The failure to pass a comprehensive federal healthcare reform bill has unleashed some pent-up demand for state-level reforms to cover the uninsured and control costs.
But state reform advocates are faced with a tall hurdle: the 1974 Employee Retirement Income Security Act. The law, known as ERISA, bars states from regulating employee benefits.
In fact, a recent report from the National Governors' Association described the act as a "roadblock to reform." In the report, the NGA called for greater flexibility under ERISA in the absence of national healthcare reform.
Hence, many state officials and some members of Congress are taking aim at ERISA in an attempt to loosen the law's hold on state governments.
For example, two senators have introduced federal legislation called the Health Innovation Partnership Act that would grant waivers to eight states with reform initiatives at risk because of ERISA (See chart). The sponsors are Sens. Robert Graham (D-Fla.) and Mark Hatfield (R-Ore.).
But not everyone favors the relaxation of ERISA's restrictions. Some lobbyists on Capitol Hill have been sporting buttons that read "ERISA waivers mean mandates."
Big employers opposed.The lobbyists are working for the business sector and, specifically, large multistate employers, which will face a number of different state health insurance regulations if ERISA restrictions are lifted and state reform advocates have their way.
Speaking at a Sept. 29 conference in Washington sponsored by the National Employee Benefits Institute, Sen. David Durenberger (R-Minn.) issued a warning to the private sector to get its act together on ERISA. He chided the business community for lobbying against national reform while not pushing a reform agenda of its own.
If business sits back, state reform efforts may gain ground, especially if states are freed from their ERISA shackles, he said.
"Once you give the states the license to tax and (impose) employer mandates, in effect, you have (the) Clinton (plan) by the back door," Mr. Durenberger said. "The debate at the state level is always portrayed as giving healthcare to people who don't have it, at somebody else's expense. How ordinary people end up paying for it gets lost at the state level."
Mr. Durenberger also said some of the business sector's allies in Congress in the fight against reform could become adversaries because many of them support states' rights and could back granting states more flexibility.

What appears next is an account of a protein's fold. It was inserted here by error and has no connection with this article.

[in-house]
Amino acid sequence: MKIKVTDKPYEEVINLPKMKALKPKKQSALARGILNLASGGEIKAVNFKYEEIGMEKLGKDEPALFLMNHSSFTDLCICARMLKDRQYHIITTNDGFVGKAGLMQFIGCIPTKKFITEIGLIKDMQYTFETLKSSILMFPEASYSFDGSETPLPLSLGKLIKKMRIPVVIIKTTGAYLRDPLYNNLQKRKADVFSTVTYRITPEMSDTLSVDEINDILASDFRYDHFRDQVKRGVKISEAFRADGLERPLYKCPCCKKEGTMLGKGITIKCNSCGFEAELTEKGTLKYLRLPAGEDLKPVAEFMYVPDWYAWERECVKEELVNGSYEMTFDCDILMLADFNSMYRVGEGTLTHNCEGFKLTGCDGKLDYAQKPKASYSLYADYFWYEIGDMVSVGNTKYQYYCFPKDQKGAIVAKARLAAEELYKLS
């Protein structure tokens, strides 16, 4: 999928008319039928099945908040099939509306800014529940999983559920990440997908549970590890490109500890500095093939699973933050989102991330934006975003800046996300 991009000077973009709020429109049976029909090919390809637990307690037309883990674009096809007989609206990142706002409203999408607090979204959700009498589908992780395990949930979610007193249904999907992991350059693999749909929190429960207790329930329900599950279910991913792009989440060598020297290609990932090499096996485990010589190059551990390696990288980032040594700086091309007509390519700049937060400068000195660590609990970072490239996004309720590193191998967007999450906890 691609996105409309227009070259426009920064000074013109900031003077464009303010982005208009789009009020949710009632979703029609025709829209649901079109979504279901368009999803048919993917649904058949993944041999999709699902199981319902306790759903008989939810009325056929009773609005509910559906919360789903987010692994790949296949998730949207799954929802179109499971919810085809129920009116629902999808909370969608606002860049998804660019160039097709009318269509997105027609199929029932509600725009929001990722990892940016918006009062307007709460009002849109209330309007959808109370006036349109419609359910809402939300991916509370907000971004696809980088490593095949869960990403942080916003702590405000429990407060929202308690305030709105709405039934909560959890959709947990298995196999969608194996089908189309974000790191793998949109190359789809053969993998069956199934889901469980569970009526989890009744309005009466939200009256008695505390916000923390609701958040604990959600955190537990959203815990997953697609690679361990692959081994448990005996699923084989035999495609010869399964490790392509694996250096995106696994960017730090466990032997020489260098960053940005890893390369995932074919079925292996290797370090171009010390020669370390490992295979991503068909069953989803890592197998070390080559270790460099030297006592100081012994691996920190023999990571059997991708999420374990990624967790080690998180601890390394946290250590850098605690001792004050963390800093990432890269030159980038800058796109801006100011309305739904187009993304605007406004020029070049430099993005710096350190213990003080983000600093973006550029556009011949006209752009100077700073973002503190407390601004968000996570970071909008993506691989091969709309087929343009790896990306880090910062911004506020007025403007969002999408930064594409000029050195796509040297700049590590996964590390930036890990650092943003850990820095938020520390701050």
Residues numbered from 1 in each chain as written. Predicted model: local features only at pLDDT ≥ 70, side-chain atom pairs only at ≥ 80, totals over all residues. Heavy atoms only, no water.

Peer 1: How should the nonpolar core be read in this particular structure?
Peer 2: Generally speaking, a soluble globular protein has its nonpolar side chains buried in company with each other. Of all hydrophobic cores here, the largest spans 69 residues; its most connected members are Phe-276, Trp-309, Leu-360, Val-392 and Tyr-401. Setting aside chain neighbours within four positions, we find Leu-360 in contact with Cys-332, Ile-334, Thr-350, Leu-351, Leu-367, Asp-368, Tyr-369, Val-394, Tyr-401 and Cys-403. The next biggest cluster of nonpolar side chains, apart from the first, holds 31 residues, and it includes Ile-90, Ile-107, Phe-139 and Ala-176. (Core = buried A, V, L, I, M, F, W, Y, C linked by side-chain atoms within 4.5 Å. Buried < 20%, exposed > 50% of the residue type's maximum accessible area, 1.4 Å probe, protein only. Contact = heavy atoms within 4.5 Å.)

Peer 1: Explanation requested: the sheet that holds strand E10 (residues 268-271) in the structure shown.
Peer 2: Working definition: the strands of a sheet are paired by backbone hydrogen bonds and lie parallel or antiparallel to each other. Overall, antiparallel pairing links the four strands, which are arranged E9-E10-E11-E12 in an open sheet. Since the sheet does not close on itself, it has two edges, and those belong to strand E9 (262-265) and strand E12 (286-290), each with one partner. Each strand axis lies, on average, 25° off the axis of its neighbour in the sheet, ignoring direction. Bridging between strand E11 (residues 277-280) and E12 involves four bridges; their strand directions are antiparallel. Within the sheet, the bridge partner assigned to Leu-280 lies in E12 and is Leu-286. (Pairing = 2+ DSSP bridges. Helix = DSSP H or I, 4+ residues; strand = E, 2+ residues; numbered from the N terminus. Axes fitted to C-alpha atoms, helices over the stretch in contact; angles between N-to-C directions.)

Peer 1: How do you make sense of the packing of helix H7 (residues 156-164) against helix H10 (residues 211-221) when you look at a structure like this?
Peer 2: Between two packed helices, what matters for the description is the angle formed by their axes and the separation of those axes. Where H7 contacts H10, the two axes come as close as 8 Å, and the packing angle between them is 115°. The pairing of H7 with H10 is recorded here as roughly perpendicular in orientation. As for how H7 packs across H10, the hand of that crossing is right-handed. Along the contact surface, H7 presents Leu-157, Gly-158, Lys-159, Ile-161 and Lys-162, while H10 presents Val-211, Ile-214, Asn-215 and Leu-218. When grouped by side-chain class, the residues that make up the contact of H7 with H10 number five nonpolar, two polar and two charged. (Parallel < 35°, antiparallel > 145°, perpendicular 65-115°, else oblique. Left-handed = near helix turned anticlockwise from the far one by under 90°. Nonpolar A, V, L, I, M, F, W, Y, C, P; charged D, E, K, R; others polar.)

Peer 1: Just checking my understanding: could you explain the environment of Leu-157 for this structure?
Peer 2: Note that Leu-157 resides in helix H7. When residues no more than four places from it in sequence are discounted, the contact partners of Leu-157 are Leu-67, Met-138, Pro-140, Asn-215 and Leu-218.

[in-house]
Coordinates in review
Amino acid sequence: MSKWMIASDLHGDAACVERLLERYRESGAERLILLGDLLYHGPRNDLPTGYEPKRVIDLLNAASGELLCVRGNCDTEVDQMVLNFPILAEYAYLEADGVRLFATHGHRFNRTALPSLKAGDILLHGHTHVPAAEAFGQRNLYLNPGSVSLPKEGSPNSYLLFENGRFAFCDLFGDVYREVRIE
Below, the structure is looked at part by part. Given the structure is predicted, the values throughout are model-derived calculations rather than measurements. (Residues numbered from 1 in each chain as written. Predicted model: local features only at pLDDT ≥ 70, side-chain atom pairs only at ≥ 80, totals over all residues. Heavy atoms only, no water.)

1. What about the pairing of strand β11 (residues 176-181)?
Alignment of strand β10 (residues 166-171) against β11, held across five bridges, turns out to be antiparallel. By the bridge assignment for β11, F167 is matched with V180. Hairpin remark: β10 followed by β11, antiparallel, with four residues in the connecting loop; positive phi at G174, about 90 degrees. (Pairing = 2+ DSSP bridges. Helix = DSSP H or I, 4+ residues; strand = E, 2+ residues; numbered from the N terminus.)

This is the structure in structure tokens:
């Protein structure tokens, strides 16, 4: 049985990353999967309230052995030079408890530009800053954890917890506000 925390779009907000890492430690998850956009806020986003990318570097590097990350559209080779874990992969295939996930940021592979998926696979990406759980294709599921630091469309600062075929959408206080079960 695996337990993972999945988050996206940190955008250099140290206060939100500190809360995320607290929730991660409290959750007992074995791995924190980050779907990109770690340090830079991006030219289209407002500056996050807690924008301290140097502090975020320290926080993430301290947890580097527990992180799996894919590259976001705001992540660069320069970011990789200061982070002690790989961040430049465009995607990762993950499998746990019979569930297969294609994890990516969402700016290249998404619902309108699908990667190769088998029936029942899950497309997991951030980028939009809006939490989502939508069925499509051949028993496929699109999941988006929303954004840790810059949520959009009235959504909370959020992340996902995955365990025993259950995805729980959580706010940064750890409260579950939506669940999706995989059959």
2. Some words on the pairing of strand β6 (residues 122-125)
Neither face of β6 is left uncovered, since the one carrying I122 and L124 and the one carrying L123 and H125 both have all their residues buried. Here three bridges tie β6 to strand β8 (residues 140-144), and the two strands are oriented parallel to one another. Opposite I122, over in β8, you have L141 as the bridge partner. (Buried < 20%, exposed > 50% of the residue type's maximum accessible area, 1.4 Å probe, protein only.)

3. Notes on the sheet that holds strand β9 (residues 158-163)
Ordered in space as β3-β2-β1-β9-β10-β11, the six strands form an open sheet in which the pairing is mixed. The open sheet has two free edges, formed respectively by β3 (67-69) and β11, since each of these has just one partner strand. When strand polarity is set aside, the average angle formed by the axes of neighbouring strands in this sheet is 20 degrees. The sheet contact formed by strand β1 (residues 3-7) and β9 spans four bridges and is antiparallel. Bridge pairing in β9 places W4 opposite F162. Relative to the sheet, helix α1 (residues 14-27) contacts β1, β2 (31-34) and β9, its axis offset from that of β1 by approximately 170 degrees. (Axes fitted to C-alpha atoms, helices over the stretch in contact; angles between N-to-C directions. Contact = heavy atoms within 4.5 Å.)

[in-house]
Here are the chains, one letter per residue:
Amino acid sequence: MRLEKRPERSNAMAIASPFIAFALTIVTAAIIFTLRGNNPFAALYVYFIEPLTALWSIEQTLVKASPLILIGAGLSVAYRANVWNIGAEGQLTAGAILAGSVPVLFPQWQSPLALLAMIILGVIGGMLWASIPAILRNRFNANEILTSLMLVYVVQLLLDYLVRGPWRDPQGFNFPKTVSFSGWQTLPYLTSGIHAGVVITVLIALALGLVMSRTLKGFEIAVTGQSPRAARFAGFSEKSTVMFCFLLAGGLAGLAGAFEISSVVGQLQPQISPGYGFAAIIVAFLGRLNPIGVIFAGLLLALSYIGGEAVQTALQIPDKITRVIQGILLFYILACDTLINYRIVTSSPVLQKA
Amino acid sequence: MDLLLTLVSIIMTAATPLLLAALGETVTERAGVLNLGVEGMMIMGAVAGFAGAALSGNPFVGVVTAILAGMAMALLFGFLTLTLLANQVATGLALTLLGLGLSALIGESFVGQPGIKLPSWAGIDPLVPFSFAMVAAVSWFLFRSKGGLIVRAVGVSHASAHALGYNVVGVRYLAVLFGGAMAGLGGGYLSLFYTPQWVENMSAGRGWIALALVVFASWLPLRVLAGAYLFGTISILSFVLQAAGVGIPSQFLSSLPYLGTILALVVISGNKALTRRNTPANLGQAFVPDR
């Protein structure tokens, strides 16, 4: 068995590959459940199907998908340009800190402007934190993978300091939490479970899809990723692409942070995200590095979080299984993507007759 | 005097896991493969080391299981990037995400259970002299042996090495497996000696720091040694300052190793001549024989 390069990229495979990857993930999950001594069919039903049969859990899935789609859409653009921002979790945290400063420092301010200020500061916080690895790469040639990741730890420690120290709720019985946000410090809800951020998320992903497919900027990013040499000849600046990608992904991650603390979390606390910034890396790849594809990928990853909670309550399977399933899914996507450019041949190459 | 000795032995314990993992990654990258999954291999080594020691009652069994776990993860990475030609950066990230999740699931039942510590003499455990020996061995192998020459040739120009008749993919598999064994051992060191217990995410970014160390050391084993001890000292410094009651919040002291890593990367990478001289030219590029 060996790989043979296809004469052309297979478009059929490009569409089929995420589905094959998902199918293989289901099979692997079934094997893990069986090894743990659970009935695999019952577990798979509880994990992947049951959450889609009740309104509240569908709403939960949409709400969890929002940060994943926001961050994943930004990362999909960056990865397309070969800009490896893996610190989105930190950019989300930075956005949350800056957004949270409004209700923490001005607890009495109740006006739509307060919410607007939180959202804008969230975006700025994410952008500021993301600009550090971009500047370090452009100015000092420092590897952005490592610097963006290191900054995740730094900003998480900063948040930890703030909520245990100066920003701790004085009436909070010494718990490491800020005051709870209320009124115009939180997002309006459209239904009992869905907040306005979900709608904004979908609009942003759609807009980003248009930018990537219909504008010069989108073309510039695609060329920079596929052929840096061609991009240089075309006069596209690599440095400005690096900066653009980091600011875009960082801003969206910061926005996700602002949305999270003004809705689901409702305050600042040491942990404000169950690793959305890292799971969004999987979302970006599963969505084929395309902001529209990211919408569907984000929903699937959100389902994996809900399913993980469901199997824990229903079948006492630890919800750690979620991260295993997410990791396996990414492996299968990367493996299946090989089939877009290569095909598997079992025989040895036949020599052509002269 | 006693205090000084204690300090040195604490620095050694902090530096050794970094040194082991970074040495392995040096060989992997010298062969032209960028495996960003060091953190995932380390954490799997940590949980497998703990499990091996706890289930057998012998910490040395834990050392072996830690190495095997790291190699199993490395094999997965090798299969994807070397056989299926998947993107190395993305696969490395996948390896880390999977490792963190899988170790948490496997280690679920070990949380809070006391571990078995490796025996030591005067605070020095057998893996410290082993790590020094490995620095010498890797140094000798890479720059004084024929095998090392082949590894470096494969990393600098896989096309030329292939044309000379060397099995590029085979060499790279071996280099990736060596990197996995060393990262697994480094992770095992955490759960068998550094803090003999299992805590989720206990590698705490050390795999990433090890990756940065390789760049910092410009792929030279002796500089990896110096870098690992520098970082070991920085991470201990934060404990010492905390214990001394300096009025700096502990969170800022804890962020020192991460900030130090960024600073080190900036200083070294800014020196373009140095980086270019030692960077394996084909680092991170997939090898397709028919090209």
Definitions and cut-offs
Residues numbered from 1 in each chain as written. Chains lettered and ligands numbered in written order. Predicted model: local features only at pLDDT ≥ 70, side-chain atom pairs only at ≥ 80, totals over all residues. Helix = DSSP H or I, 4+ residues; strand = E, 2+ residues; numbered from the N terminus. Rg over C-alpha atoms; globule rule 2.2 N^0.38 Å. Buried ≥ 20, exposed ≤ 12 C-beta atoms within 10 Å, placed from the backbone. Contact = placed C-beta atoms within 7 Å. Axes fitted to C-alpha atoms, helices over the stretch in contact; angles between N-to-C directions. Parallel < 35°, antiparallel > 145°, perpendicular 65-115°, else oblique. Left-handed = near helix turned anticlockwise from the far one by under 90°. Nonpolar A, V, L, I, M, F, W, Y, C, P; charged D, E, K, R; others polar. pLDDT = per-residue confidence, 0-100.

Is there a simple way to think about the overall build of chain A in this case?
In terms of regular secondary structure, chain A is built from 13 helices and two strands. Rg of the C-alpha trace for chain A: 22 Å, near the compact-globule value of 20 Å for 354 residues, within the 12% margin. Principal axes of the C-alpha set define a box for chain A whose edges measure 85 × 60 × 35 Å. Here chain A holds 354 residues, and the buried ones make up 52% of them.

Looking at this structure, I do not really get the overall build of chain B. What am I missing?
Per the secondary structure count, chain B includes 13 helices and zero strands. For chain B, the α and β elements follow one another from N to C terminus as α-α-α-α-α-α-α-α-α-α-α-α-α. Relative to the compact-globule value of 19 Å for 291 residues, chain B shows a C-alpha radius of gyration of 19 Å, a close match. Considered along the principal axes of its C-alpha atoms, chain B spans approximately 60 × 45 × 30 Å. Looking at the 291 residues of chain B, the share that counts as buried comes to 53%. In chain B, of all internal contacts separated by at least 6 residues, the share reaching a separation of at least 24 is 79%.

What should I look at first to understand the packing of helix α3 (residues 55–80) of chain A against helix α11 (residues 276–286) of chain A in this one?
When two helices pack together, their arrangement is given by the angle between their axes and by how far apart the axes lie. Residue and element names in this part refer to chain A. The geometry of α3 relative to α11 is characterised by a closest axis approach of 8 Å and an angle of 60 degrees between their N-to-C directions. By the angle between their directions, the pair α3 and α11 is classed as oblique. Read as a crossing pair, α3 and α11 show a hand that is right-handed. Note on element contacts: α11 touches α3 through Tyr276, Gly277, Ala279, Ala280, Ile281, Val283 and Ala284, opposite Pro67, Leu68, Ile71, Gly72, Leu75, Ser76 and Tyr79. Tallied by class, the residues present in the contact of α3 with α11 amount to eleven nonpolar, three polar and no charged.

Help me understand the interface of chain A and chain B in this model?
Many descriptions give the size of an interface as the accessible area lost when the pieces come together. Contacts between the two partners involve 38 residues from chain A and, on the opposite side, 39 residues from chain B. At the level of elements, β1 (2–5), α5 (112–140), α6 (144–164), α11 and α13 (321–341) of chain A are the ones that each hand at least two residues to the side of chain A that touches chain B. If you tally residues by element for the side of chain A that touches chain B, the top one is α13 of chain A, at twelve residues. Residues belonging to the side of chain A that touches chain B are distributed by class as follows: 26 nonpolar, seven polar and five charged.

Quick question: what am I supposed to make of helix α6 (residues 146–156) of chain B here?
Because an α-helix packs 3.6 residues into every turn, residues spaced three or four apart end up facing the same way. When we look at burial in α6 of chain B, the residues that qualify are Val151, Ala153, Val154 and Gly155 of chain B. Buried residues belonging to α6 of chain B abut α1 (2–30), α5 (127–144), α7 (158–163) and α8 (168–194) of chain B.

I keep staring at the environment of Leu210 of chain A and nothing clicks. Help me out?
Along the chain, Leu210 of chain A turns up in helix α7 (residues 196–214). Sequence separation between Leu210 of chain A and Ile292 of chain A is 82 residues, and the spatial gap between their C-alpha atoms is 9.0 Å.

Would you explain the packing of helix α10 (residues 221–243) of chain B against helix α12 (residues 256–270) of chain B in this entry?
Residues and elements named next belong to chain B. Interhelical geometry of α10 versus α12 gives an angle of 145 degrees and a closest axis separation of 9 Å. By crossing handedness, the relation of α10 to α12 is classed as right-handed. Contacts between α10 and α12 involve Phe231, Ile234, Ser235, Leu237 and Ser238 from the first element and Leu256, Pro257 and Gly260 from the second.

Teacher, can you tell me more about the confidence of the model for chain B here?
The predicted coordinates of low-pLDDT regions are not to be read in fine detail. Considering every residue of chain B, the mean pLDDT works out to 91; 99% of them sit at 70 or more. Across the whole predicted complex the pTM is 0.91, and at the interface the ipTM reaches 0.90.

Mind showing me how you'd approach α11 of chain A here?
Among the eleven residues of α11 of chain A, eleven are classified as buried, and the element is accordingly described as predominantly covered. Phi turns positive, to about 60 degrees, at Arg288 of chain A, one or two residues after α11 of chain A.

Single-payer opportunity.Also pressing for ERISA reform may be Democrats who wanted national reform but now see an opening in state reform initiatives, such as California's ballot initiative on a state single-payer plan.
"It's not hard for a Republican to say yes to some kind of ERISA waiver, and it's easy for a Democrat," Mr. Durenberger said.
A leading single-payer supporter is Sen. Paul Wellstone (D-Minn.), who also spoke at the Washington conference in support of ERISA reforms. "I think we're a grass-roots political culture. I think states are the laboratories of reform," he said.
An advocate of national health insurance, Mr. Wellstone believes states should have the right to pursue single-payer options or managed competition.
But large multistate companies could be the losers in an ERISA-waiver movement because they could be forced to comply with numerous, and potentially inconsistent, state laws.
"It creates huge problems for business development in the states," said Larry Atkins, coordinator of the Corporate Health Care Coalition, which consists of 24 Fortune 100 companies that supported employer mandates in a national healthcare program.
As shown by this year's reform debate, those employers have significant clout, leading some insiders to conclude that Congress will never vote for waiving ERISA for the states.
"The problem with state flexibility is that everybody's for it, until they find out who's against it," said a Senate staff member. "Then they get the phone call from IBM or Boeing."
But large employers also have made some enemies with their opposition to national reform, which could hurt their chances of fending off a state-flexibility movement.
"No one's looking to help them out," said John Rother, a lobbyist for the American Association of Retired Persons.
States want opportunity.State
officials also have clout, and the governors have staked out a strong position in the NGA report about the need to give them more flexibility.
The recent NGA report concluded, "If states are willing to withstand the political pressures and assume the potential economic impacts of businesses or individuals subject to new taxes relocating, they should be permitted the authority to finance and regulate healthcare within their borders."
Mr. Atkins said state governments are more than just interest groups in the reform debate, and also must be sensitive to the concerns of the large employers.
"States are political institutions too," Mr. Atkins said. "Nobody wants to go to war over this."
One lobbyist for small and medium-sized insurance companies said ERISA modifications could be the battle royal of the next session of Congress.
"I think they're going to go at each other big time," said Duane Parde, director of state affairs for the Council for Affordable Health Insurance, Alexandria, Va.